Meritocracy Doesn’t Exist, and Believing it Does is Bad For You

By Clifton Mark | Fast Company | April 01, 2019

"Meritocracy has become a leading social ideal. Politicians across the ideological spectrum continually return to the theme that the rewards of life–money, power, jobs, university admission–should be distributed according to skill and effort. The most common metaphor is the “even playing field” upon which players can rise to the position that fits their merit. Conceptually and morally, meritocracy is presented as the opposite of systems such as hereditary aristocracy, in which one’s social position is determined by the lottery of birth. Under meritocracy, wealth and advantage are merit’s rightful compensation, not the fortuitous windfall of external events.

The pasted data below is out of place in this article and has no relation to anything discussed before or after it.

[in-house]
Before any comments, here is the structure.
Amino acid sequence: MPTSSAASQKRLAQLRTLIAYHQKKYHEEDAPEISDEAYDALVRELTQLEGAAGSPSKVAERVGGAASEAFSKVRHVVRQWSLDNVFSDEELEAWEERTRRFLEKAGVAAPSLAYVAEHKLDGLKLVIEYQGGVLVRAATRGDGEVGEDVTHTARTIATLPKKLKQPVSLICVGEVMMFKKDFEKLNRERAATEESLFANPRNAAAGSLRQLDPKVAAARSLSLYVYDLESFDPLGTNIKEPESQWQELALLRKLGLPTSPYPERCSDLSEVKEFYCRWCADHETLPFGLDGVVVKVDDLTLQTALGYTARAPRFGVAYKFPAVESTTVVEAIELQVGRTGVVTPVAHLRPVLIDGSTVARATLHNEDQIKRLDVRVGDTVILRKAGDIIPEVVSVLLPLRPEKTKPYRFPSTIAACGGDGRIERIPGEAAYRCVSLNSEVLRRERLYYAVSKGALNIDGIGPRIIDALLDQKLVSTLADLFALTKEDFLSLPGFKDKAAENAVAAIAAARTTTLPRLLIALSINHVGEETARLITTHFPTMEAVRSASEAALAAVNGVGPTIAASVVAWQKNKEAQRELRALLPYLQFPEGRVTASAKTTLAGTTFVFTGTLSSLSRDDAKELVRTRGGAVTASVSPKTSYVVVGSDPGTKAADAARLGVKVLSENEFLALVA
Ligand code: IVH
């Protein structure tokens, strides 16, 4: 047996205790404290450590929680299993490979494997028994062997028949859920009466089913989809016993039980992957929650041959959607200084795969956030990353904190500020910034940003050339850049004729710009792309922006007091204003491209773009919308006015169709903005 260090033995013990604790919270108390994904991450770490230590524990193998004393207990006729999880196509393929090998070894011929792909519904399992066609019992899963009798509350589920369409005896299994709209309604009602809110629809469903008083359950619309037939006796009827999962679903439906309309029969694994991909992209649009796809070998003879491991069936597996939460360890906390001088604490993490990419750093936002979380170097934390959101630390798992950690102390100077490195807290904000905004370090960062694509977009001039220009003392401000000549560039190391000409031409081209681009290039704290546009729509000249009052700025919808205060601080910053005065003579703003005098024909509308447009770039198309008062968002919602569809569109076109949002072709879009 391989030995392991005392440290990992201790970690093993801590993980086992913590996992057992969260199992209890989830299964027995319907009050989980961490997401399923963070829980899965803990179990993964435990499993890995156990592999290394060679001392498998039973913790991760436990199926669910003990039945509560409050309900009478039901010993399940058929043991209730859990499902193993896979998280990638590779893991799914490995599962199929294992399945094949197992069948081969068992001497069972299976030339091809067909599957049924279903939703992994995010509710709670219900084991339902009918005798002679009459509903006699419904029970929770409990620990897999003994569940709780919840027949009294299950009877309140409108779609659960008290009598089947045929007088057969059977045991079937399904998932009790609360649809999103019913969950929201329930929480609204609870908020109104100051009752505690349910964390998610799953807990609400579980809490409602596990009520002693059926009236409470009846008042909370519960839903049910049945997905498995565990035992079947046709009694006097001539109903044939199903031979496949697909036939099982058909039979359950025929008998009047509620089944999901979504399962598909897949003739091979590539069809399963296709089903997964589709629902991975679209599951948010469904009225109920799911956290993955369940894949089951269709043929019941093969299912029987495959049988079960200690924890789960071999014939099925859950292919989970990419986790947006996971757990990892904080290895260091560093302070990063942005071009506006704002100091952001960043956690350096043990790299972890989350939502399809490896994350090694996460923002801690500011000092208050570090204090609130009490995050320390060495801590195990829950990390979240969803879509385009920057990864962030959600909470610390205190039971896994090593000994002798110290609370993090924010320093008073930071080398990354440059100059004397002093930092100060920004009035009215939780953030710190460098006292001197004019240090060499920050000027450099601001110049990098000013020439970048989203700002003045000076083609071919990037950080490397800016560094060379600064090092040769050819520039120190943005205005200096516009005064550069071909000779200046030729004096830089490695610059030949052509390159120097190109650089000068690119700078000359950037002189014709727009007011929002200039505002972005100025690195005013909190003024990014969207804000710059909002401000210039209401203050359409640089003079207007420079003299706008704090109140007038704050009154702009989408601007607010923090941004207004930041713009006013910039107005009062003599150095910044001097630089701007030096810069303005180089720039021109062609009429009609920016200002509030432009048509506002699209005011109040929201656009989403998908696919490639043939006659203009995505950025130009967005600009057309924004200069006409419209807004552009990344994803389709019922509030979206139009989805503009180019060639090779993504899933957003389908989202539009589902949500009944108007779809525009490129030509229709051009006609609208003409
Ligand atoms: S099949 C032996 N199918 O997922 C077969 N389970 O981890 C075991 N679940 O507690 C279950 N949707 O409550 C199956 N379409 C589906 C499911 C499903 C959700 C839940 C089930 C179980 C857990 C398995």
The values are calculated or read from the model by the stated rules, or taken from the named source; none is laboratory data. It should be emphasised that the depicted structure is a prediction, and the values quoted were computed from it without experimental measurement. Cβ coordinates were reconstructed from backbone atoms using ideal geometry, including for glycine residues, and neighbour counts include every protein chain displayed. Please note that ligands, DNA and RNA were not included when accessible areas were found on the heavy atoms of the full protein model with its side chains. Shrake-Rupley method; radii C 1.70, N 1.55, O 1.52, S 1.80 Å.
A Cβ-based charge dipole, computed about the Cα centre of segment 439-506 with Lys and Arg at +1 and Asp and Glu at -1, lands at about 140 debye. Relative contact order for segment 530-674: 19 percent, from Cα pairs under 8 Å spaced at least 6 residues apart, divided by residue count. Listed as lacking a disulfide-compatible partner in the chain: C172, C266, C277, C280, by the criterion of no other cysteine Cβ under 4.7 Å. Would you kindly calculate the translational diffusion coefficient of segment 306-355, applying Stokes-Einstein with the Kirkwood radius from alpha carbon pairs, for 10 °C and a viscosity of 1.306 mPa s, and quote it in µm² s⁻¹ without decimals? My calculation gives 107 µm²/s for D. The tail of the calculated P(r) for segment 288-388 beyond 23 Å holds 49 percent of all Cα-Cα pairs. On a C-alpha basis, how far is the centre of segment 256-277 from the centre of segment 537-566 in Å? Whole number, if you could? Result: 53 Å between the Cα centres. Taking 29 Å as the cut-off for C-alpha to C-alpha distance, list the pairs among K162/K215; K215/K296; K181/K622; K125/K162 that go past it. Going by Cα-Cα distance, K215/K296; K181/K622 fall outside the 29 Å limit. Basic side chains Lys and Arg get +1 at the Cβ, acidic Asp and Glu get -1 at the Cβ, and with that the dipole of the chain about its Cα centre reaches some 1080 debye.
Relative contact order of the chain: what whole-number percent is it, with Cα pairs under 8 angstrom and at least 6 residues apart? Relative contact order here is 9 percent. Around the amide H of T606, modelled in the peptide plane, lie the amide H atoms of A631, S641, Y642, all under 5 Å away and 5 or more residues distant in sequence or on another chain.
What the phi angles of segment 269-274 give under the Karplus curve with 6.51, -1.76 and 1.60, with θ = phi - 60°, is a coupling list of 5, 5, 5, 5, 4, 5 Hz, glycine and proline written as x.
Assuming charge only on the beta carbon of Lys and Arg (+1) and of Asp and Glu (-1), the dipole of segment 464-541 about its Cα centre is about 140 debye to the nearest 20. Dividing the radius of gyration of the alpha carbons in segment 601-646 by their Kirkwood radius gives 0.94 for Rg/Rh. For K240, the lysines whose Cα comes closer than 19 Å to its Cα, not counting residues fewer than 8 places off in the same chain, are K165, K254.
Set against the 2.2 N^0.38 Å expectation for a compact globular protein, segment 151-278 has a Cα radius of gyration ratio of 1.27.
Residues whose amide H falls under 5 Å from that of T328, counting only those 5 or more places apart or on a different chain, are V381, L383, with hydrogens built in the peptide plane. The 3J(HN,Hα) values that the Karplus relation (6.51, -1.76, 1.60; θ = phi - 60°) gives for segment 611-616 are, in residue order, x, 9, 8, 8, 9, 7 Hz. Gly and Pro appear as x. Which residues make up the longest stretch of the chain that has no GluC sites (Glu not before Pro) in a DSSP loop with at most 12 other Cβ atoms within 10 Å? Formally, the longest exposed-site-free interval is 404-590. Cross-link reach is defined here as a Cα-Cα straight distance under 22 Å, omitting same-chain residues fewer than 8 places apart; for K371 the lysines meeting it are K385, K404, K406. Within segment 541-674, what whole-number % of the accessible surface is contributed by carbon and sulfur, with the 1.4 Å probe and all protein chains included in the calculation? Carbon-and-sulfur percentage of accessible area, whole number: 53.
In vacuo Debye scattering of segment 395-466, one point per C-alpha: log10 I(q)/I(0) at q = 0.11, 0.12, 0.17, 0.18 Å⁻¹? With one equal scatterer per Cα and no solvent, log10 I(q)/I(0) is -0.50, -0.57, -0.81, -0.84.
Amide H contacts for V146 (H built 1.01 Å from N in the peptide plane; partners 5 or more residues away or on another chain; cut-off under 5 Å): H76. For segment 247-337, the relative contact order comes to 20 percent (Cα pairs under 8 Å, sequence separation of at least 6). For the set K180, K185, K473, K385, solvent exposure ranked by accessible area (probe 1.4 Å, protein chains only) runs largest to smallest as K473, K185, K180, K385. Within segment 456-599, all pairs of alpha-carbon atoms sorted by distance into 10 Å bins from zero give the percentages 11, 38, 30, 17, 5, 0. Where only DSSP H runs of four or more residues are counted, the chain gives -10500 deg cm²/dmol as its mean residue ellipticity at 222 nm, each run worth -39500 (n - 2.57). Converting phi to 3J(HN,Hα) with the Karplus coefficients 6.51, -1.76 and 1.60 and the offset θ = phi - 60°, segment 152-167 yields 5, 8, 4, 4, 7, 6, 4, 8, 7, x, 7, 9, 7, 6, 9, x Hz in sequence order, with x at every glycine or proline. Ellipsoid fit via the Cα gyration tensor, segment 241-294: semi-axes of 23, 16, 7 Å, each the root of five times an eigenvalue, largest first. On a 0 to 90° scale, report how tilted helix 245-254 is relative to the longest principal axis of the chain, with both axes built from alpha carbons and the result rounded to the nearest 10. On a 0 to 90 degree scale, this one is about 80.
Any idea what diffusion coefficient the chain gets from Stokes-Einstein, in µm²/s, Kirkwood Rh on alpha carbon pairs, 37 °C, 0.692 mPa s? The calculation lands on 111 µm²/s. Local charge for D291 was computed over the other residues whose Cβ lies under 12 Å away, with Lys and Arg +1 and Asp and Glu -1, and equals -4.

Most people don’t just think the world should be run meritocratically, they think it is meritocratic. In the U.K., 84% of respondents to the 2009 British Social Attitudes survey stated that hard work is either “essential” or “very important” when it comes to getting ahead, and in 2016 the Brookings Institute found that 69% of Americans believe that people are rewarded for intelligence and skill. Respondents in both countries believe that external factors, such as luck and coming from a wealthy family, are much less important. While these ideas are most pronounced in these two countries, they are popular across the globe."

What is your reaction to the fact that the 61st session of the Commission on the Status of Women will be chaired by a man?